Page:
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Should I avoid using unicode in names of variables?

asked 2020-01-05 02:23:51 +0200

dsejas gravatar image

Hello, Sage community!

Since Sage now supports Python 3, the possibility of using tildes and other unicode letters in names of variables is real. For example, I could define a constant Gauß instead of Gauss (with a "ß" instead of "ss"); or I could define a function called Müller (with two dots over the "u"). In Spanish and other languages, this is a more pressing matter. If I defined a function design(howMany), in Spanish it would be diseño(cuántos).

However, it seems quite strange to have tildes, betas, etc. in variable names. Is it a good programming behavior to avoid this kind of names?, or, should I use them sparely?

Thanks in advance!

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answered 2020-01-05 09:36:00 +0200

nbruin gravatar image

See python's PEP-8 for the policy for python's standard library (identifiers must be ASCII) and PEP-3131 for the proposal that led to unicode identifiers being possible. Sage library code has more-or-less been following PEP-8, so I expect non-ascii identifiers will not be allowed there. What you do in your own files is your own concern (go wild and name your eigenvalue $\lambda$).

Non-ascii unicode characters may be difficult to type (depending on keyboard layout) and they can be extremely confusing, because unicode contains different code-points that have (nearly) identical print-shapes. I'd be strongly in favour for keeping them out of library code.

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I'm all for it--in fact I've been hoping that Sage will start to come with more unicode variables built-in (e.g. for pi). Also; neat trick available in Python 3 only that most people don't know: You can tab-complete unicode characters e.g. by typing \pi<tab>. Unfortunately it doesn't work well with some simple accented characters. For example to complete ó you have to type (afaict) \LATIN SMALL LETTER O WITH ACUTE<tab>. That should be fixed somehow...

Iguananaut gravatar imageIguananaut ( 2020-01-07 15:33:33 +0200 )edit

Ah, I figured it out, you can type o\acute<tab>. Similarly u\ddot<tab> gives you ü, etc. So you can either do the full unicode character name, or you can use its latex name if it has one (e.g. \ss gives ß), but for latex commands that modify a character, you type the character firstthen the command, then tab. This is documented at

Iguananaut gravatar imageIguananaut ( 2020-01-07 15:35:44 +0200 )edit

I would not be pleased if I were to be forced to type gro\ddot<tab>bner_basis. Also, whatever tab completion exists in interactive shells is unlikely to be available in many code editors, so relying on tab completion would make for a very poor "transportable" sage experience. I think keyboards worldwide are just not very unicode capable. Given the prevalence of english as an international language, I suspect this won't change very quickly. Perhaps the situation will change when mandarin takes over.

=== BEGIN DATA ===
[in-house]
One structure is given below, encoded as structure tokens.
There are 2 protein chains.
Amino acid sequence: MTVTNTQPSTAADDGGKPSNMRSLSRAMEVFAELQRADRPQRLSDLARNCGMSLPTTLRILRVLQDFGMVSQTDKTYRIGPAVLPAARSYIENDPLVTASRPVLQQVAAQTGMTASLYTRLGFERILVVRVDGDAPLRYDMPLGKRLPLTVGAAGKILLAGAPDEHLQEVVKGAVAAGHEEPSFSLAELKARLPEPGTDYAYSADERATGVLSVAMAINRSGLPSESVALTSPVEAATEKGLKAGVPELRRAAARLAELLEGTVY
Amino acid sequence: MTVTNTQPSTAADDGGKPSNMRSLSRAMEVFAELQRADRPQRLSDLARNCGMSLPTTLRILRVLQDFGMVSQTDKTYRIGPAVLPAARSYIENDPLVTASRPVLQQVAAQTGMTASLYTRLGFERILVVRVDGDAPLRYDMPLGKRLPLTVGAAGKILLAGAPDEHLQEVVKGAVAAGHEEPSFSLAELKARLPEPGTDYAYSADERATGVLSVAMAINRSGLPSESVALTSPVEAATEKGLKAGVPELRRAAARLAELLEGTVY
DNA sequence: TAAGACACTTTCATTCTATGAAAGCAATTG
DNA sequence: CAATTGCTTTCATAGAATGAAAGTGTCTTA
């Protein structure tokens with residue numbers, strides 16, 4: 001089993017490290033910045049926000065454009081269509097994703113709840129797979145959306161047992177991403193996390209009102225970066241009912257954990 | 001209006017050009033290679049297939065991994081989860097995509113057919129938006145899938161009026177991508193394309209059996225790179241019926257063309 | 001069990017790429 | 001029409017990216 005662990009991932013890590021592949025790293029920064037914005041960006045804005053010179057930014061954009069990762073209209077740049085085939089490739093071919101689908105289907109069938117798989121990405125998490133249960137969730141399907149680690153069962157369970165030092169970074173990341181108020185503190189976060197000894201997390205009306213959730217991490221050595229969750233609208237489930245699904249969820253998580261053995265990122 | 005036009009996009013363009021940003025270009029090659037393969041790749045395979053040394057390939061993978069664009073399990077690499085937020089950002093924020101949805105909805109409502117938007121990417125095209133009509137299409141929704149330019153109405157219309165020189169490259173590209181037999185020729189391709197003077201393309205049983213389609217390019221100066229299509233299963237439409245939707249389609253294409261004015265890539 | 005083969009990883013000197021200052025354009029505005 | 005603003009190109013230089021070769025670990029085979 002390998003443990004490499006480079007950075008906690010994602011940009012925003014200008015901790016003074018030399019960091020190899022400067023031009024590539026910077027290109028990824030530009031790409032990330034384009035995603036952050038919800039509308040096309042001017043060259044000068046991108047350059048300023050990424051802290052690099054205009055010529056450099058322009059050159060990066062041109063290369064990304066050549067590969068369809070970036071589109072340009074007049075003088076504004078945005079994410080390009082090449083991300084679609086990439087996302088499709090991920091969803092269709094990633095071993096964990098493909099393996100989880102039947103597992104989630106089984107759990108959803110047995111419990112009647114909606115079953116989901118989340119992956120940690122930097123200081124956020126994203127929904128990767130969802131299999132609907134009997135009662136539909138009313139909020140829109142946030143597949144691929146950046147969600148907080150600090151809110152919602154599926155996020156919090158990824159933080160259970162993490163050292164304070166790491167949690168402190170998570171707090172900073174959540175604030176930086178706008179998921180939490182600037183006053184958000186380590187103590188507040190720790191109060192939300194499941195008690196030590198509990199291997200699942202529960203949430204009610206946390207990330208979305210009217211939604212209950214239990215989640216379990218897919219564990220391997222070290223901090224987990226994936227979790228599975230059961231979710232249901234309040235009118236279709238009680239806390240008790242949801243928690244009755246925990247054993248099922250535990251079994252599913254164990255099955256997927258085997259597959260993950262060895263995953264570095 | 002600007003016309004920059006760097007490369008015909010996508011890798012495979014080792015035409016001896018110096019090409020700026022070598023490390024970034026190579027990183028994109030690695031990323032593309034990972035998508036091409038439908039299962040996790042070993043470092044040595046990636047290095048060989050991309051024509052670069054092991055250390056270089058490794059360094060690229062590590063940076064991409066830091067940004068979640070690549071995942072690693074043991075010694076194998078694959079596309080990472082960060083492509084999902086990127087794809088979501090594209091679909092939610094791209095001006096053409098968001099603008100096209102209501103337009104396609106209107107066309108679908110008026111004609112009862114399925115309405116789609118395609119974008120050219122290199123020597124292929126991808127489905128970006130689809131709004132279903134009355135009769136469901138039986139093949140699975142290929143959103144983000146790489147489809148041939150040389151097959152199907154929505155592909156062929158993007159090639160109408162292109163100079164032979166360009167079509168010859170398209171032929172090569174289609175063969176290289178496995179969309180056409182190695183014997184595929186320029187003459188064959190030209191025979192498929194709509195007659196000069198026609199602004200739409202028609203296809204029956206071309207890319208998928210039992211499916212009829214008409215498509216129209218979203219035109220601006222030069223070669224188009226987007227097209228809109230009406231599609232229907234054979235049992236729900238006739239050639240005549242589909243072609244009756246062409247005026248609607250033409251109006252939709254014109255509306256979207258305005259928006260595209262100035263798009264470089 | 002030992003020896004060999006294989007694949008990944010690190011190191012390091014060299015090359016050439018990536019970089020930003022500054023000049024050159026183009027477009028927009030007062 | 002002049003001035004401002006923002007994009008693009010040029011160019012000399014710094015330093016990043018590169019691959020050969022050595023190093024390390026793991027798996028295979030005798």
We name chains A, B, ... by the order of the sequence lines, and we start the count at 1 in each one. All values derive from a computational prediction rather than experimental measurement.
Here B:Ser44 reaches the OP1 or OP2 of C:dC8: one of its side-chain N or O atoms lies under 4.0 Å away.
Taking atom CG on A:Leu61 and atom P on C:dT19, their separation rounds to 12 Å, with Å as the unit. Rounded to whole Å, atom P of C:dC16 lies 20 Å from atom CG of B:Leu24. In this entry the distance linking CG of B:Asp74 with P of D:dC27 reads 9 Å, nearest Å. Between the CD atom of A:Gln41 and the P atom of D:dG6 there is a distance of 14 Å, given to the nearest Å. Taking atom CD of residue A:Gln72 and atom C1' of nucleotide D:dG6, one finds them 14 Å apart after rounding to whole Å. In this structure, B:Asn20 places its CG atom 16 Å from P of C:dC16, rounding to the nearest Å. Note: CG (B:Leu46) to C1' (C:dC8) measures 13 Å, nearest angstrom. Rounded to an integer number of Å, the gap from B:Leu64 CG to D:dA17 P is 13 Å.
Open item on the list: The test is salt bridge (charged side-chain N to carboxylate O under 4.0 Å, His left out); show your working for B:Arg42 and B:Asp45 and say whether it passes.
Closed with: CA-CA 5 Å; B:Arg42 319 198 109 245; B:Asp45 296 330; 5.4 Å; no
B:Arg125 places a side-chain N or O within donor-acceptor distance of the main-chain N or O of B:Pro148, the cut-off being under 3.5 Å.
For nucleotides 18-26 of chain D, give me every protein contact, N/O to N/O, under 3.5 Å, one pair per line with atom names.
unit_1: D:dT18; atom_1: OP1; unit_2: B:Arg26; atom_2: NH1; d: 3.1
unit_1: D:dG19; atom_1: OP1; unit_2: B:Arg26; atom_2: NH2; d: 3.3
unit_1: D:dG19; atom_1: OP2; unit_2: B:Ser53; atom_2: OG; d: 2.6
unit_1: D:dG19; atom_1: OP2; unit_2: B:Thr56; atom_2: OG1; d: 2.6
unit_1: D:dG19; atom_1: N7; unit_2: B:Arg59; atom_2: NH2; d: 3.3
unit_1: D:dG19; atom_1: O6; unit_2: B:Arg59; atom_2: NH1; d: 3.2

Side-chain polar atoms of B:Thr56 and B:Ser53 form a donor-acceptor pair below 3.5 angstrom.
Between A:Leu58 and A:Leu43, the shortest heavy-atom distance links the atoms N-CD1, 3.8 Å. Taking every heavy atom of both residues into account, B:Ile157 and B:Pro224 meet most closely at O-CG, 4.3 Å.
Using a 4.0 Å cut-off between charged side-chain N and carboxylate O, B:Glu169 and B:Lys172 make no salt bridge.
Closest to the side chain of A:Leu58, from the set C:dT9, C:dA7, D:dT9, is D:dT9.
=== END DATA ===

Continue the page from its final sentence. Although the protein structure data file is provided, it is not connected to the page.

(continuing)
nbruin gravatar imagenbruin ( 2020-01-07 18:26:36 +0200 )edit

answered 2020-01-07 15:41:29 +0200

Iguananaut gravatar image

updated 2020-01-08 18:27:43 +0200

In Python 3 you can do some nice things like:

sage: π = pi
sage: sin(π)
sage: cos(π)

and so on. For Python 3 builds of Sage it would be nice to have a few of these built-in. Per my comment on Nil's answer, special characters can be input fairly easily by using tab-completion.


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That's true for the "sage console" you get via the "sage" command in a Unix terminal. And in "our" Jupyter notebook. Nice...

Not sure how to get something equivalent in my favorite interface (emacs + sage-shell-mode)...

Emmanuel Charpentier gravatar imageEmmanuel Charpentier ( 2020-01-07 17:51:53 +0200 )edit

You would have to look into what unicode completion plugins exist for emacs (I'm sure there are several).

Iguananaut gravatar imageIguananaut ( 2020-01-07 17:54:30 +0200 )edit

I just tried out the tab-completion on "\pi". It works for me in IPython but not in plain Python. (This is with Python 3.7.3, built via Sage 9.0.)

John Palmieri gravatar imageJohn Palmieri ( 2020-01-07 19:52:23 +0200 )edit

Of course--this is an IPython feature.

Iguananaut gravatar imageIguananaut ( 2020-01-08 16:13:59 +0200 )edit

It would be really nice to be able to have constants like $\pi$, $\gamma$ and $\phi$. For example, I would like to write sin(π) instead of sin(pi), or ϕ instead of golden_ratio.

Can we do this a feature of Sage? Maybe a separate module could define this (I could do it, if the developers agree). Notice that the Julia language has a similar feature.

dsejas gravatar imagedsejas ( 2020-01-08 16:32:46 +0200 )edit

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Asked: 2020-01-05 02:23:51 +0200

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Last updated: Jan 08 '20